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Presentation on theme: "ELECTROLYSIS OF AQUEOUS SOLUTIONS"— Presentation transcript:

386 When water is present in an electrolysis experiment, it is not just the anion and cation of the solute that can be oxidised or reduced; sometimes the water itself becomes involved. During electrolysis of aqueous solutions the electrode reactions that occur, and so the products formed, depend upon: ■ the nature of the electrolyte ■ the concentration of the ions present ■ the nature of the electrodes.

2 Copper chloride solution
the electrolysis of copper chloride solution leads to the deposition of metallic copper at the cathode and the formation of chlorine gas at the anode. There are not many salts that electrolyse in aqueous solution to produce the metal from the cation and the element from the anion as here. Copper bromide and nickel chloride solutions are other examples

3 Cu2+(aq)+2e– → Cu(s) the internet diagram suggests chlorine will form
WARNING. THE PRODUCTS WILL DEPEND ON ELECTROLYTE CONCENTRATION the internet diagram suggests chlorine will form but oxygen gas forms at the anode. In this electrolysis sulfate ions migrate to the anode but they are too stable to be oxidised, so water is oxidised instead:

4 If the ion concentration is low the latter will work
Based on these standard electrode potentials...... If the ion concentration is low the latter will work

5 With Inert electrodes Sodium sulfate solution

6 Electrolysis of sodium sulfate solution produces oxygen gas at the anode and
hydrogen gas at the cathode. As with copper sulfate, sulfate ions migrate to the anode but because they are too stable to be oxidised, it is again Reaction 8.3 that occurs. Sodium ions migrate to the cathode but they are too stable to be reduced to sodium metal, so instead water is reduced to hydrogen gas:

7 However, if you change the electrodes

8 EXERCISES The electrolysis of molten lead bromide is often used as a demonstration of electrolysis (because lead bromide melts at a much lower temperature than most other simple salts). What would you expect the electrode reactions to be? What would you expect to observe? Why would this experiment have to be carried out in a fume cupboard? Magnesium metal is obtained commercially by electrolysing molten magnesium chloride. Write the electrode reactions for this process and hence the overall reaction Humphry Davy in the early 1800s produced potassium metal for the first time by electrolysing molten potassium hydroxide. At which electrode (cathode or anode) did the potassium form? What formed at the other electrode? Write equations for the electrode reactions and for the overall reaction. Write the electrode reactions you would expect for the electrolysis of a dilute solution of sodium hydroxide. Explain why this can be regarded as the electrolysis of water. Why is it not possible to electrolyse pure water itself?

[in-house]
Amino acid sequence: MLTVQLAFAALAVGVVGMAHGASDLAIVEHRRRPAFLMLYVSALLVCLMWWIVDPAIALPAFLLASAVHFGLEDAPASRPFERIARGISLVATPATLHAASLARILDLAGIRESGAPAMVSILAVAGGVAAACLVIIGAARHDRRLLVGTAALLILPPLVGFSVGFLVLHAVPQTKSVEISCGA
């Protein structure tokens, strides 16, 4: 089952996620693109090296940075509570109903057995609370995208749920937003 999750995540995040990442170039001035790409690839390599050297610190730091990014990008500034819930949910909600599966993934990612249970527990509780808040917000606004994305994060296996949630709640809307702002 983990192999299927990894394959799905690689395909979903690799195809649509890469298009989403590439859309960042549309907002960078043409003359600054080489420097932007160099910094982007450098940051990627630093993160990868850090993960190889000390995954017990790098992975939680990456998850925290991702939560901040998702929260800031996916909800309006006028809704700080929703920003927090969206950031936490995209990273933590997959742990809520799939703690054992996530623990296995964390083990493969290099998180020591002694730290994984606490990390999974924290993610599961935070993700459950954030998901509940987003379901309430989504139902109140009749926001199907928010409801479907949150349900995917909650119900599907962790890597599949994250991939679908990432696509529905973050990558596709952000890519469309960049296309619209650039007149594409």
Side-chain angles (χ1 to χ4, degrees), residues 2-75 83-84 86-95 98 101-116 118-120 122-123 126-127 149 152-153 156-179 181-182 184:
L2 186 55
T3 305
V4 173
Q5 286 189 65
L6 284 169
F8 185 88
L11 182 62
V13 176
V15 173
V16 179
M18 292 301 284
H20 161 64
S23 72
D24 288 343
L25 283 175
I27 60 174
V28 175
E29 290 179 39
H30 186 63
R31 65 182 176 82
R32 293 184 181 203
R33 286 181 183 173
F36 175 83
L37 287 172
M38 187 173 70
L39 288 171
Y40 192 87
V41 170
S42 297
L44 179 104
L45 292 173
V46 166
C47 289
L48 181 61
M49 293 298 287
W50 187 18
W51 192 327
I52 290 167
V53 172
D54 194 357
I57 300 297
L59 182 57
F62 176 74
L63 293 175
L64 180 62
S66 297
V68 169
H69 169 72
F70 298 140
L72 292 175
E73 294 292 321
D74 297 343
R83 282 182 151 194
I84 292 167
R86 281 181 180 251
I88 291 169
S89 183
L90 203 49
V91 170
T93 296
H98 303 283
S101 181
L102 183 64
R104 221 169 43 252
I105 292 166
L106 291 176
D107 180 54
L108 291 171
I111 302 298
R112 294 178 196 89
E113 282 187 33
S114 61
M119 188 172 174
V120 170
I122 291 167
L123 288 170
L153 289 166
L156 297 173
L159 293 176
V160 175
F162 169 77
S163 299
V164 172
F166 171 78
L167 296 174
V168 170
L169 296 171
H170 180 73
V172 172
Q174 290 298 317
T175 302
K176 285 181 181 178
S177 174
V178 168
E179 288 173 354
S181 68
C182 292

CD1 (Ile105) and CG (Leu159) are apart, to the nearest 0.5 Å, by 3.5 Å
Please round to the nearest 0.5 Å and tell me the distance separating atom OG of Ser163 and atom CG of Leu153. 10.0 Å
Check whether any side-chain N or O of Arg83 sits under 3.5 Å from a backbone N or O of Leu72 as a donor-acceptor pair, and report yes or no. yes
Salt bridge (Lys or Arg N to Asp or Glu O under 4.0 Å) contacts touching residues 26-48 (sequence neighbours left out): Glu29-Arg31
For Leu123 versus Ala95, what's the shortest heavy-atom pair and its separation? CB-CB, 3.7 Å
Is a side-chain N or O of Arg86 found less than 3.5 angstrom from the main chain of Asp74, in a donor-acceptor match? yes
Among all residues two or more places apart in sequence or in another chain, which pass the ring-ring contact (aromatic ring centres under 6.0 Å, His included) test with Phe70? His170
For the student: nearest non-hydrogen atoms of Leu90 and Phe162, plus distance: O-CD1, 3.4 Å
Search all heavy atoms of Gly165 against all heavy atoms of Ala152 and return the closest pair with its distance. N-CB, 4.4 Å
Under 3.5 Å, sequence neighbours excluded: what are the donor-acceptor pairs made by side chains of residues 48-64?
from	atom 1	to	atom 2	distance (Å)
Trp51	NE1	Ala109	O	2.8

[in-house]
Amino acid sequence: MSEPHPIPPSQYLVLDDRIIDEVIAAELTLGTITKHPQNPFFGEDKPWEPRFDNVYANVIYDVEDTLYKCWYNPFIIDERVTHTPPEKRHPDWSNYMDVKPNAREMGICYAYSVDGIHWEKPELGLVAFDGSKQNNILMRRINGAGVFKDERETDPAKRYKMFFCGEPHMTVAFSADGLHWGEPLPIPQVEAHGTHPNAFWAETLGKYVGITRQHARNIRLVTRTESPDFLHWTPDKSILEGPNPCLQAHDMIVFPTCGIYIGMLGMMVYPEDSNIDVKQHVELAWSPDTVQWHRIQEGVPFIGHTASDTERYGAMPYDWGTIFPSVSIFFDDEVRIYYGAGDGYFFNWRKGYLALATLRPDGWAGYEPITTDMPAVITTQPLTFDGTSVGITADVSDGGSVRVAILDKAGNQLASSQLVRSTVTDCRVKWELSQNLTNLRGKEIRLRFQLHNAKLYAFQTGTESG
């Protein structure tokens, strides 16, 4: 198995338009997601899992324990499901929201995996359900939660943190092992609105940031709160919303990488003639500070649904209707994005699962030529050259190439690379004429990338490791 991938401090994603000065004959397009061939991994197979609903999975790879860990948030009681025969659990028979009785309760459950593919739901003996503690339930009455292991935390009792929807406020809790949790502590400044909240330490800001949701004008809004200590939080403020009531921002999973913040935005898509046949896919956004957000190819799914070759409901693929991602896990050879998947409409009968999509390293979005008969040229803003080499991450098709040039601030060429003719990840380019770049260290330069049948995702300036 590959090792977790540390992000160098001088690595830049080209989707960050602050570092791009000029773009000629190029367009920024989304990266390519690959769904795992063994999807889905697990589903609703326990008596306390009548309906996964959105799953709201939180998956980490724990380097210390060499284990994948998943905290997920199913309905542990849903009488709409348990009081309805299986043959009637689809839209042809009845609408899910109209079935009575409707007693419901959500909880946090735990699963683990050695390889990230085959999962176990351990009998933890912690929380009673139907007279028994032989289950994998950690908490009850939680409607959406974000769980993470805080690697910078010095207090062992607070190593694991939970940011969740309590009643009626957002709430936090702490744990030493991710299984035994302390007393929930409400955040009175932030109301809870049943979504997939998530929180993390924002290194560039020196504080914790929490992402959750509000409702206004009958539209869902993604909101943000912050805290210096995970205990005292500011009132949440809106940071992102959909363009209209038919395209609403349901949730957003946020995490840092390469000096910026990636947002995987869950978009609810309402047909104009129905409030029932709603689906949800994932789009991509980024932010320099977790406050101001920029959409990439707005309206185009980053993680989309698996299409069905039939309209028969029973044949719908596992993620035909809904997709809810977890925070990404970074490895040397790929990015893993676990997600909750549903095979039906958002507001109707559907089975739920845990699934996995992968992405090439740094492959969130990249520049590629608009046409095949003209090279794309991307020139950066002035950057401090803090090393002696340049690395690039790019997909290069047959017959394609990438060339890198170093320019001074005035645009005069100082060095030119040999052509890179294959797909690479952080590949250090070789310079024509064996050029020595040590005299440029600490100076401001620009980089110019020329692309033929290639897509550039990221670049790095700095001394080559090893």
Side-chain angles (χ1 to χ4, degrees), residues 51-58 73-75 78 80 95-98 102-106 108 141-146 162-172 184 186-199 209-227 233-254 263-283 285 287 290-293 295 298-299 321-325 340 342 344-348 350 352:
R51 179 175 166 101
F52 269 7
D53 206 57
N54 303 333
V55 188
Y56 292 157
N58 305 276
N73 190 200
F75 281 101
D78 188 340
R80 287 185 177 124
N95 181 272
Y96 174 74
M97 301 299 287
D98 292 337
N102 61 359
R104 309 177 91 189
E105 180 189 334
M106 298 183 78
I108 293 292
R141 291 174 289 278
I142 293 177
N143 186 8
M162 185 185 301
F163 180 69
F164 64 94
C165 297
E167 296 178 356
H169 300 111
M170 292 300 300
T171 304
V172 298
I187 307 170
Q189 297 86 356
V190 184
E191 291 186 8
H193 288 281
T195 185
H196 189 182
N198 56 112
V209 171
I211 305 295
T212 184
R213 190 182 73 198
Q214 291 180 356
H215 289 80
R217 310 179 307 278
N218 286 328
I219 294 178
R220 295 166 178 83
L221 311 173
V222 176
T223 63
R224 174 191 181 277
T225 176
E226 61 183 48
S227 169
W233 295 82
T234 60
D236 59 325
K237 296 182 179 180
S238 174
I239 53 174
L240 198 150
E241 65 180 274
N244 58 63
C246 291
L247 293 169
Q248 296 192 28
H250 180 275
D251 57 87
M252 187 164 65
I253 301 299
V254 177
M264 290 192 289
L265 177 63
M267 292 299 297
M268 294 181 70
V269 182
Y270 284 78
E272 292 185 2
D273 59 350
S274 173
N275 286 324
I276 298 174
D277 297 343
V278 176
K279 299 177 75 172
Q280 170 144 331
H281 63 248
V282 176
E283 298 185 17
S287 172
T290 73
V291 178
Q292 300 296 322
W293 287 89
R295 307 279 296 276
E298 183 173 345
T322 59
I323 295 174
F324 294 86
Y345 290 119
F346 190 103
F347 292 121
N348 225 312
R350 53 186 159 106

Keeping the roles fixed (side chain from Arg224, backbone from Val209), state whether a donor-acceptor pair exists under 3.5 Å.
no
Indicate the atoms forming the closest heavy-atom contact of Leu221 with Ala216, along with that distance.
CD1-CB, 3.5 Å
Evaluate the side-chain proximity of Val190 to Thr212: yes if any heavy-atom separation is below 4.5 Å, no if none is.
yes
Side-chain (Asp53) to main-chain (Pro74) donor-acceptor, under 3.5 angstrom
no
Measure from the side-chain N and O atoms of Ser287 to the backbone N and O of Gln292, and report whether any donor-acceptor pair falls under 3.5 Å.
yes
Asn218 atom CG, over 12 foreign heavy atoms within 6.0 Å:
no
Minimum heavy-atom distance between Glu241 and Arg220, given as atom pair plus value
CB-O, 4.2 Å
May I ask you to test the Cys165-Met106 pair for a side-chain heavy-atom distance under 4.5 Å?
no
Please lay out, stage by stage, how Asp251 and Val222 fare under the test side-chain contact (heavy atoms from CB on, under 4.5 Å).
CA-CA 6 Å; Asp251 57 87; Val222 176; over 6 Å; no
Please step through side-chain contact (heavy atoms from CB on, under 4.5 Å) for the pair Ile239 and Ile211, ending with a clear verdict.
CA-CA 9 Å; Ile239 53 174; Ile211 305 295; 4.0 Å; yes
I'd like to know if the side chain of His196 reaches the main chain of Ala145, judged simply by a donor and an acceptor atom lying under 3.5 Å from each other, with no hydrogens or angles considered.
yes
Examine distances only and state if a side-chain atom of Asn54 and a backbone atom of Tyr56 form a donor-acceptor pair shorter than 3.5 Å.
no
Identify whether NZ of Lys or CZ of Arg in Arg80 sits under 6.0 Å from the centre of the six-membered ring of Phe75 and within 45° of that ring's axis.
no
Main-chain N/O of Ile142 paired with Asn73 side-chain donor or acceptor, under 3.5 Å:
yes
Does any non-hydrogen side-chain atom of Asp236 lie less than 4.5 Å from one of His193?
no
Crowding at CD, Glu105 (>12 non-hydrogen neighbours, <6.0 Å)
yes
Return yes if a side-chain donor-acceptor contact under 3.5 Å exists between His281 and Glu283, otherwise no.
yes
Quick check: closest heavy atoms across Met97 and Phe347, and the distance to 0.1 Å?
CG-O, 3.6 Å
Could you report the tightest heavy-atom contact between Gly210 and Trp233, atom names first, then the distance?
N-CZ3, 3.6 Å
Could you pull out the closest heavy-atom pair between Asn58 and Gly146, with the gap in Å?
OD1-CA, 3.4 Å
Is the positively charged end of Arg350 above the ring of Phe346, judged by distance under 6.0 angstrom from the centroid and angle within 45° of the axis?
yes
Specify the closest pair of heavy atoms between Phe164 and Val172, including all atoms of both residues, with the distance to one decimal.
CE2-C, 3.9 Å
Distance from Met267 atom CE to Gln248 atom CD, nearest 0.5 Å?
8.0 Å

10 However if we use a copper anode, then copper is oxidised instead:
That is, the anode is eaten away and goes into solution as copper ions. This happens because copper is more easily oxidised than water. When we used an inert anode (graphite, platinum, stainless steel), water was more easily oxidised than the electrode material. Copper is still deposited on the cathode as before. This electrolysis is used industrially to purify copper. Blister copper (about 98% pure) from copper smelters is made the anode in an electrolytic cell. As electrolysis proceeds copper goes into solution and deposits onto the cathode. Some impurities go into solution and stay there (do not deposit out) while more inert impurities just fall to the bottom of the cell as the copper is eaten away from around them. In this way 99.9% copper is obtained.

11 Silver nitrate solution
With inert electrodes, electrolysis of silver nitrate solution is similar to that of copper sulfate solution: silver deposits on the cathode and oxygen is formed at the anode. However if a silver anode is used, it, silver, not water, is oxidised: Again this is similar to the copper sulfate situation. These two examples are the basis of electroplating, the process of using electrolysis to coat one metal with a thin layer of another metal. To silver-plate a metallic object we make it the cathode of an electrolysis cell, use a solution of silver nitrate and a silver anode. At the anode silver goes into solution and at the cathode silver ions from the solution ‘plate out’ (deposit as a coating on the cathode). These two examples demonstrate that the product of an electrolysis can vary with the nature of the electrodes.


13 http://www. jghs. edin. sch

Read through these sections....Try to predict outcome before you begin.... Electrolysis of concentrated aqueous solutions of sodium chloride Electrolysis of dilute aqueous solutions of sodium chloride





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